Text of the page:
She resumed, It hath reached me, O auspicious King, that when the Wazir devised this device the King said to him, "Thou hast spoken sooth!"; and they passed the night on this agreement. And when morning morrowed the King went forth and sat in the guest-chamber, when lo, and behold! the grooms and serving-men came in to him in dismay. Quoth he, "What hath befallen you?"; and quoth they, "O King of the age, the Syces curried the horses and foddered them and the he-mules which brought the baggage; but, when we arose in the morning, we found that thy son-in-law's Mamelukes had stolen the horses and mules. We searched the stables, but found neither horse nor mule; so we entered the lodging of the Mamelukes and found none there, nor know we how they fled." The King marvelled at this, unknowing that the horses and Mamelukes were all Ifrits, the subjects of the Slave of the Spell, and asked the grooms, "O accursed how could a thousand beasts and five hundred slaves and servants flee without your knowledge?" Answered they, "We know not how it happened," and he cried, "Go, and when your lord cometh forth of the Harim, tell him the case." So they went out from before the King and sat down bewildered, till Ma'aruf came out and, seeing them chagrined enquired of them, "What may be the matter?" They told him all that had happened and he said, "What is their worth that ye should be concerned for them? Wend your ways." And he sat laughing and was neither angry nor grieved concerning the case; whereupon the King looked in the Wazir's face and said to him, "What manner of man is this, with whom wealth is of no worth? Needs must there be a reason for this?" Then they talked with him awhile and the King said to him, "O my son-in-law, I have a mind to go, I, thou and the Wazir, to a garden, where we may divert ourselves." "No harm in that," said Ma'aruf. So they went forth to a flower-garden, wherein every sort of fruit was of kinds twain and its waters were flowing and its trees towering and its birds carolling. There they entered a pavilion, whose sight did away sorrow from the soul, and sat talking, whilst the Minister entertained them with rare tales and quoted merry quips and mirth-provoking sayings and Ma'aruf attentively listened, till the time of dinner came, when they set on a tray of meats and a flagon of wine. When they had eaten and washed hands, the Wazir filled the cup and gave it to the King, who drank it off; then he filled a second and handed it to Ma'aruf, saying, "Take the cup of the drink to which Reason boweth neck in reverence." Quoth Ma'aruf, "What is this, O Wazir?"; and quoth he, "This is the grizzled[FN#75] virgin and the old maid long kept at home,[FN#76] the giver of joy to hearts, whereof saith the poet:—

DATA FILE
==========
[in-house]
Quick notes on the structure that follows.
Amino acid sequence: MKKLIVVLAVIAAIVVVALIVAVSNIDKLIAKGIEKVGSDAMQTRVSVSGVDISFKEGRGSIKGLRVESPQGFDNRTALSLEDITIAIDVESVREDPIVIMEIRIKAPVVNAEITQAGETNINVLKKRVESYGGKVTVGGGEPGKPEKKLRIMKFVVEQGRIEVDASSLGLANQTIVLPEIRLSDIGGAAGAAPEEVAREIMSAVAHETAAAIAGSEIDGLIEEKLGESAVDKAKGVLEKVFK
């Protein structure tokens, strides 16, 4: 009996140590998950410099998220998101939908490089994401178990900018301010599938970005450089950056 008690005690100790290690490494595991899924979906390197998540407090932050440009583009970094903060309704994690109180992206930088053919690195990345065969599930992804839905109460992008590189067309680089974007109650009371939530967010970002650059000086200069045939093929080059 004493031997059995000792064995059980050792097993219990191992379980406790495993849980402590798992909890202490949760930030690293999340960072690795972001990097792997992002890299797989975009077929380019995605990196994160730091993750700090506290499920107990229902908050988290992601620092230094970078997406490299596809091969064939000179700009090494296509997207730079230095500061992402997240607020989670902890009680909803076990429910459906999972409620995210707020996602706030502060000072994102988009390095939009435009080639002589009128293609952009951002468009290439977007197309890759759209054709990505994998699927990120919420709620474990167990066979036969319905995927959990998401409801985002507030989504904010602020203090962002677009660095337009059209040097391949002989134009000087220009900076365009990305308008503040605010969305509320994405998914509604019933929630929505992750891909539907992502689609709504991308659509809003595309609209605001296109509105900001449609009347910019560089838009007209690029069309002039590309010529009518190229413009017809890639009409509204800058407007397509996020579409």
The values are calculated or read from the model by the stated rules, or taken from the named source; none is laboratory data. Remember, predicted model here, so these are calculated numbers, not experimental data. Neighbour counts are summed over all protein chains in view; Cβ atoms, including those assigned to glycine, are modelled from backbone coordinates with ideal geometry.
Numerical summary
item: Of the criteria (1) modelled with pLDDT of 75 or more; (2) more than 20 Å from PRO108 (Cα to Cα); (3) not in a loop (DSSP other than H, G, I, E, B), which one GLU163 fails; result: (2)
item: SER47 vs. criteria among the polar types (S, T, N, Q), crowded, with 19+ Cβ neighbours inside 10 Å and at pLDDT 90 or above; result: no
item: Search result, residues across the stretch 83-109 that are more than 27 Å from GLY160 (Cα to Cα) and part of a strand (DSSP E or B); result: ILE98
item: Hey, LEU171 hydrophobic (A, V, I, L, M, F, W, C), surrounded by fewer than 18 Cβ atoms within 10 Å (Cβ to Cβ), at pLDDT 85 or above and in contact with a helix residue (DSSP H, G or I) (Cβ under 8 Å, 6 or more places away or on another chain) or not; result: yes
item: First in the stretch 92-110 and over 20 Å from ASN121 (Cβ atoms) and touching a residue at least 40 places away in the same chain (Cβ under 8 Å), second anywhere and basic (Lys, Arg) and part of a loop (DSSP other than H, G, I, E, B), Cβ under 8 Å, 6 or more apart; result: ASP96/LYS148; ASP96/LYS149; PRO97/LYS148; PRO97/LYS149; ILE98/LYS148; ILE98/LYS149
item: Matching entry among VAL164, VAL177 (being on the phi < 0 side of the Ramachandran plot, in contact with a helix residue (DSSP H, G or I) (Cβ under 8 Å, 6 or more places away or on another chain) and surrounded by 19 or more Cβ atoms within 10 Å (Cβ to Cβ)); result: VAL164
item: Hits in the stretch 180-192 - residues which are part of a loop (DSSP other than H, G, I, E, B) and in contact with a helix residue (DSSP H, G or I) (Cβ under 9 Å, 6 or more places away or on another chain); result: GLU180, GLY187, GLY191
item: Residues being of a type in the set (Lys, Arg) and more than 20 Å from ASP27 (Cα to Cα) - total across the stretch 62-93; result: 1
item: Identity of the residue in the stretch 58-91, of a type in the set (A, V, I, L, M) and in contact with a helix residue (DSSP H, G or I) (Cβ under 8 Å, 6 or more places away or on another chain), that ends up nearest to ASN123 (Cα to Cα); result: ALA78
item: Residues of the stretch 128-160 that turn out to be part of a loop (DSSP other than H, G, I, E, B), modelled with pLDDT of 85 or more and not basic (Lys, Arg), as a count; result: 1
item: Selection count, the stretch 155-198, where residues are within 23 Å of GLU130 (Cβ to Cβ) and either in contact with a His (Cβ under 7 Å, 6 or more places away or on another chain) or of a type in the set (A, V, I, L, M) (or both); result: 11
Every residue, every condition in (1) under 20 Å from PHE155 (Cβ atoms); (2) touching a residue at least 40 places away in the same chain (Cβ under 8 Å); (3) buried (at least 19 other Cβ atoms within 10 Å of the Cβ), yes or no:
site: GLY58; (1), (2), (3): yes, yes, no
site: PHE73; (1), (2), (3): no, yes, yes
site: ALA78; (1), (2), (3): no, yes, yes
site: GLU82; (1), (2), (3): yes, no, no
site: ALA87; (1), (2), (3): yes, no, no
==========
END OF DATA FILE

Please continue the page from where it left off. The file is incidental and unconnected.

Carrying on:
The feet of sturdy Miscreants[FN#77] went trampling heavy tread, * And she hath ta'en a vengeance dire on every Arab's head. A Kafir youth like fullest moon in darkness hands her round * Whose eyne are strongest cause of sin by him inspirited.
And Allah-gifted is he who said:—
'Tis as if wine and he who bears the bowl, * Rising to show her charms for man to see,[FN#78] Were dancing undurn-Sun whose face the moon * Of night adorned with stars of Gemini. So subtle is her essence it would seem * Through every limb like course of soul runs she.
And how excellent is the saying of the poet:—
Slept in mine arms full Moon of brightest blee * Nor did that sun eclipse in goblet see: I nighted spying fire whereto bow down * Magians, which bowed from ewer's lip to me.
And that of another:—
It runs through every joint of them as runs * The surge of health returning to the sick.
And yet another:—
I marvel at its pressers, how they died * And left us aqua vitae- -lymph of life!
And yet goodlier is the saying of Abu Nowas:—
Cease then to blame me, for thy blame doth anger bring * And with the draught that maddened me come med'cining: A yellow girl[FN#79] whose court cures every carking care; * Did a stone touch it would with joy and glee upspring: She riseth in her ewer during darkest night * The house with brightest, sheeniest light illumining: And going round of youths to whom the world inclines[FN#80] * Ne'er, save in whatso way they please, their hearts shall wring. From hand of coynted[FN#81] lass begarbed like yarded lad,[FN#82] * Wencher and Tribe of Lot alike enamouring, She comes: and say to him who dares claim lore of love * Something hast learnt but still there's many another thing.
But best of all is the saying of Ibn al-Mu'tazz[FN#83]:—
On the shady woody island[FN#84] His showers Allah deign * Shed on Convent hight Abdun[FN#85] drop and drip of railing rain: Oft the breezes of the morning have awakened me therein * When the Dawn shows her blaze,[FN#86] ere the bird of flight was fain; And the voices of the monks that with chants awoke the walls * Black-frocked shavelings ever wont the cup amorn to drain.[FN#87] 'Mid the throng how many fair with languour-kohl'd eyes[FN#88] * And lids enfolding lovely orbs where black on white was lain, In secret came to see me by shirt of night disguised * In terror and in caution a-hurrying amain! Then I rose and spread my cheek like a carpet on his path * In homage, and with skirts wiped his trail from off the plain. But threatening disgrace rose the Crescent in the sky * Like the paring of a nail yet the light would never wane: Then happened whatso happened: I disdain to kiss and tell * So deem of us thy best and with queries never mell.